Convicted two years ago in what was a most appalling abuse of the law, the United States Supreme Court has just ruled that the grounds on which the government made their case against Black do not apply, and are in fact rightly limited to criminal activity such as taking bribes or kickbacks.
"A United States Supreme Court ruling narrowing the definition of a statute governing public officials could affect several recent corruption cases in New Jersey."
This is good news indeed.
"The high court ruled Thursday to curtail prosecutors' use of an anti-fraud law that's frequently used in convicting politicians and corporate executives. The court has ruled that "honest services" fraud should only apply in cases where people take bribes or kickbacks."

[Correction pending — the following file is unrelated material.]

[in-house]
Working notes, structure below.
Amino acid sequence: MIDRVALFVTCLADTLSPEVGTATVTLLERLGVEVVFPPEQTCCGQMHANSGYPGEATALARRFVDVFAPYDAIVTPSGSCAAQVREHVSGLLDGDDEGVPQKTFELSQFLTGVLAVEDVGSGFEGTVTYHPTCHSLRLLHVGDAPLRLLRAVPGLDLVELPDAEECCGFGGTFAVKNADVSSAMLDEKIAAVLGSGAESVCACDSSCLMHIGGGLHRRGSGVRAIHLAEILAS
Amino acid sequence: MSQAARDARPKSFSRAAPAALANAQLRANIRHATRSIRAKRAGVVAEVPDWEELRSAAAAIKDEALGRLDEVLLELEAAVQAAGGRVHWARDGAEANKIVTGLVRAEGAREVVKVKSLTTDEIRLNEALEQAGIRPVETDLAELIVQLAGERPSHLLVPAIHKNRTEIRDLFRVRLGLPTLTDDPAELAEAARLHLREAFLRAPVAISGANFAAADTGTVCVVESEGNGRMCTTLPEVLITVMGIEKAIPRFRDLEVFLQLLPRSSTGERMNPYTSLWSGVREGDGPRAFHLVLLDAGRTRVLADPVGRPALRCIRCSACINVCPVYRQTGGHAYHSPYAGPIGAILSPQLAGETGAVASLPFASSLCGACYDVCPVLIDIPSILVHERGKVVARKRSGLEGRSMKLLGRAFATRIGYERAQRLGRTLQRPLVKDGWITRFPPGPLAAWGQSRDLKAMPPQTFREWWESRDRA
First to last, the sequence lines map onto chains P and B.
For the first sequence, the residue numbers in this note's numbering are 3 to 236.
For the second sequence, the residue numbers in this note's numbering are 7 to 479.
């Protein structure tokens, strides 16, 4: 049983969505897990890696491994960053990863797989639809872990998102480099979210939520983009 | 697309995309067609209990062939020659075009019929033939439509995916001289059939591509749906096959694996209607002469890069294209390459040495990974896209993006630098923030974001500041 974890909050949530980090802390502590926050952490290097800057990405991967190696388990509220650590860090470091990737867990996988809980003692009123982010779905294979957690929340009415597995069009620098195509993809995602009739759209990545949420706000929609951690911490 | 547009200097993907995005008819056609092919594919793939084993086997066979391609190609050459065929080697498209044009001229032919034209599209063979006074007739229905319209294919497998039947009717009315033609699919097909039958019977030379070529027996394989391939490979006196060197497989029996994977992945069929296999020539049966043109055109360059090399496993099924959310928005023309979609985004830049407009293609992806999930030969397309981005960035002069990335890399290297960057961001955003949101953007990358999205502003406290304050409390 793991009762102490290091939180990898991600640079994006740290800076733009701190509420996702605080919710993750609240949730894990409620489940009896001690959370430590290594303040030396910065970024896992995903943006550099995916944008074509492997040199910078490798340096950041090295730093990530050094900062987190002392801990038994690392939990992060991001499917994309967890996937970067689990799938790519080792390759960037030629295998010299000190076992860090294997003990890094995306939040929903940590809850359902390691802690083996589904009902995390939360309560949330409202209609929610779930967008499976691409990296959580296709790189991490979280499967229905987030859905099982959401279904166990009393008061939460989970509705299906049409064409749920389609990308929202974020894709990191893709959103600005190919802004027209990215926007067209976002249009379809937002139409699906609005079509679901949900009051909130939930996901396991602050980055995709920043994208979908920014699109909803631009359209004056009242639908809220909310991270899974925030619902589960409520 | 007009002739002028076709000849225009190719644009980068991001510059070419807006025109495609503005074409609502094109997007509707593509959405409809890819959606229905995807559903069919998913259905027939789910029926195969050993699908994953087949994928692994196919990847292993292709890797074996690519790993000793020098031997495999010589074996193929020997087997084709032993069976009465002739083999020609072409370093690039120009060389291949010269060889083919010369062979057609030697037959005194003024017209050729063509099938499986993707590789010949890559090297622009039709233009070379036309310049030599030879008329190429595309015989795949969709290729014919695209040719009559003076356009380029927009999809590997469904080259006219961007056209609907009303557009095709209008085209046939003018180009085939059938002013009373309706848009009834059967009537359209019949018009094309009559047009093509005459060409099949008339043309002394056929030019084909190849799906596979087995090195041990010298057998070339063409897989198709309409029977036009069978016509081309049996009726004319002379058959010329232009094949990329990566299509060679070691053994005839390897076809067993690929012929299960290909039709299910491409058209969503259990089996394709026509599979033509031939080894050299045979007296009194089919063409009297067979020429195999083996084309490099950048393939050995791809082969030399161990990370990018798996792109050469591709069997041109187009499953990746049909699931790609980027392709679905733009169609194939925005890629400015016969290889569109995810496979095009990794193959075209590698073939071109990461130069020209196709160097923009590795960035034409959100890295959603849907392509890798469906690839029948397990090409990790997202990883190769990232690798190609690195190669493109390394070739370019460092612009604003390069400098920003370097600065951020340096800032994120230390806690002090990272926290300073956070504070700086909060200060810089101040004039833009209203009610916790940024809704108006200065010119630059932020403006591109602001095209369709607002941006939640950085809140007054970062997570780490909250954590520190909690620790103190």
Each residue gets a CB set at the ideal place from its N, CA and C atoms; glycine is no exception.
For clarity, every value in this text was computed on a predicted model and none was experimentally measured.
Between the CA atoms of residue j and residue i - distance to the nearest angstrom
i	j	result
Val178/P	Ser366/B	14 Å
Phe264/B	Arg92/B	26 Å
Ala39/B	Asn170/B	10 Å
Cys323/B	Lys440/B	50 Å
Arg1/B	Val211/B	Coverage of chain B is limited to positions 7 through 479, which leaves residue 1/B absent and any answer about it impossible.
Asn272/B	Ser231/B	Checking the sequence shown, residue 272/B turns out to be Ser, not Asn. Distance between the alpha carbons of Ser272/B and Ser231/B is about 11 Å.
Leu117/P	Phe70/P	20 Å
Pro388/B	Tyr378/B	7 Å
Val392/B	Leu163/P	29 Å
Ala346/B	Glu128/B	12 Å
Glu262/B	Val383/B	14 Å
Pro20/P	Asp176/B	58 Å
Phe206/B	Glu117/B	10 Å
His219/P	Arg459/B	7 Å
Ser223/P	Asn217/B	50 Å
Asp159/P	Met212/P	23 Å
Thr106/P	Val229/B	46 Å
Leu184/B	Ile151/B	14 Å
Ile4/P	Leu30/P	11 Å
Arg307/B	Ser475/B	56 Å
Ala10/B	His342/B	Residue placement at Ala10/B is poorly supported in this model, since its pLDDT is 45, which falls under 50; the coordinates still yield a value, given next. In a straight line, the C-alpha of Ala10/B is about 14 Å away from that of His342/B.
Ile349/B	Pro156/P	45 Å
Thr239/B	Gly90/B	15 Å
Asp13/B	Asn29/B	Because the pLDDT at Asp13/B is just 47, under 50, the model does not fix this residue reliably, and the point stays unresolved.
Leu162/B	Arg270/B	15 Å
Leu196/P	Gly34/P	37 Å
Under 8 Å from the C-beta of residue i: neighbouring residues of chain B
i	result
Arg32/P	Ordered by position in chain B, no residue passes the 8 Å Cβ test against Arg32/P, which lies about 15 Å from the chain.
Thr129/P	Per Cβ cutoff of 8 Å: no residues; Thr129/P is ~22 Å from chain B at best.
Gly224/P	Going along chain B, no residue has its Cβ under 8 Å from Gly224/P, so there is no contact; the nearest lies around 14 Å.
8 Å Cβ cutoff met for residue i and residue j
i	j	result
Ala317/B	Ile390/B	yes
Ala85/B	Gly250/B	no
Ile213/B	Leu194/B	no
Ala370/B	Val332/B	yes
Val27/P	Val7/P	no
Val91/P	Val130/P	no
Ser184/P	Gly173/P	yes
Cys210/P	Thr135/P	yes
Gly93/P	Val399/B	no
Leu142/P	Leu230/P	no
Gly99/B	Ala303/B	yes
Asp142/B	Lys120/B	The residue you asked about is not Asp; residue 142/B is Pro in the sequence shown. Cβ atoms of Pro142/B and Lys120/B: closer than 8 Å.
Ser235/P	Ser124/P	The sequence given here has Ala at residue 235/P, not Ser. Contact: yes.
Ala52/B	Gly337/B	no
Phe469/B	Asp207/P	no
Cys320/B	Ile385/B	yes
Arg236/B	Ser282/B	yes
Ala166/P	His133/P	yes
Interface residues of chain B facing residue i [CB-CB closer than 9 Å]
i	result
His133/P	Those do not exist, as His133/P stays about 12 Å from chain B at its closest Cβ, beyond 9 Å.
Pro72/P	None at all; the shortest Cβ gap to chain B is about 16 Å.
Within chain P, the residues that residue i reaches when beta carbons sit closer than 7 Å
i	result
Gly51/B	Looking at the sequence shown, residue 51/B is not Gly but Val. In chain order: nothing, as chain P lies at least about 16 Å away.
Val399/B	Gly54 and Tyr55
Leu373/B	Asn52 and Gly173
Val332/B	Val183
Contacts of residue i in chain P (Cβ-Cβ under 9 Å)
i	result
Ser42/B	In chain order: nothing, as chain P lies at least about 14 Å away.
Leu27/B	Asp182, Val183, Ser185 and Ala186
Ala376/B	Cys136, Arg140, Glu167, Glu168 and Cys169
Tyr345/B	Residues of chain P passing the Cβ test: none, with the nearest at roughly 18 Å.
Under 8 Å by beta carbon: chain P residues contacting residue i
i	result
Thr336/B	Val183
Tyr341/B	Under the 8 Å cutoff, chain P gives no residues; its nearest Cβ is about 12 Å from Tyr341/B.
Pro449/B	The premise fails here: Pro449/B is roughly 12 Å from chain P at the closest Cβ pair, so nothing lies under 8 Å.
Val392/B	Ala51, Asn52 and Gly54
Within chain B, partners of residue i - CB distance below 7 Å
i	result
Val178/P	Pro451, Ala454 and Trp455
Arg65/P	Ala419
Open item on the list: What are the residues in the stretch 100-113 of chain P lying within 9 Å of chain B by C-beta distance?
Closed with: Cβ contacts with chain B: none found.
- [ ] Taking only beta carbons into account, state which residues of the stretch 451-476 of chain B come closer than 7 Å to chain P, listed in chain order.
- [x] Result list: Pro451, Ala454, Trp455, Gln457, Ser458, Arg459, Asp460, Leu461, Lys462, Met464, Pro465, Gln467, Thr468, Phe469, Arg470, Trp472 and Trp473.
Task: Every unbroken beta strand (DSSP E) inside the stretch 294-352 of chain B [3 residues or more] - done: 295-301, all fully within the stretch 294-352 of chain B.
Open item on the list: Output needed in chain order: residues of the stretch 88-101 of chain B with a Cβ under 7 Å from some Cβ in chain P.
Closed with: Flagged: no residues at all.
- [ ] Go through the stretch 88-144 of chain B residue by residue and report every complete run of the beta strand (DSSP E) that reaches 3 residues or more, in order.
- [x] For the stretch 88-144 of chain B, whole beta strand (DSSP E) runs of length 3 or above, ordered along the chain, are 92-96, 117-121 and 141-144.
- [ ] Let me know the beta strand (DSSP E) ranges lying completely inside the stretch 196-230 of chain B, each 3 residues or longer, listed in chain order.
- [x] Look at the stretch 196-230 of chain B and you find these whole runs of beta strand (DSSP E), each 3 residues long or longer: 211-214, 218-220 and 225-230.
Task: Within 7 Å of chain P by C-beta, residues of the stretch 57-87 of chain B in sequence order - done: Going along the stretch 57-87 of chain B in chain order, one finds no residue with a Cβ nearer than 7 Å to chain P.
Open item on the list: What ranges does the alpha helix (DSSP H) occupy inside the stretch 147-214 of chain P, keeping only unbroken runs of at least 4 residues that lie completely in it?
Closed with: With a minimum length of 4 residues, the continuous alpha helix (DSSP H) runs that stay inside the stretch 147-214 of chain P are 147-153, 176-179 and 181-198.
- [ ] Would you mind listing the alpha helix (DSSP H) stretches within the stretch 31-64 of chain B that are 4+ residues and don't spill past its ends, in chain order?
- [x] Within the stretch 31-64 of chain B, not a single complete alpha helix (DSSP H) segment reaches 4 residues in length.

Conrad Black's defense against our government was heroic. We can never make right what the government has made wrong.
Mark Steyn has commented on this much anticipated development:
"Nobody who sees the system close up can be sanguine about it. For a start, this would not have been a criminal case in any other advanced Western democracy. Second, the pressure the SEC and U.S. Attorney can bring to bear on almost anyone around the accused tips the scales against a fair trial (the threat of "Wells letters" to fading A-listers dependent on corporate directorships for their livelihood, etc.). Third, the combination of a jury box plus dozens of charges makes it an easy temptation for jurors to split the difference and acquit on most but convict on just enough to destroy your life."
Read the rest of Mark's comments here.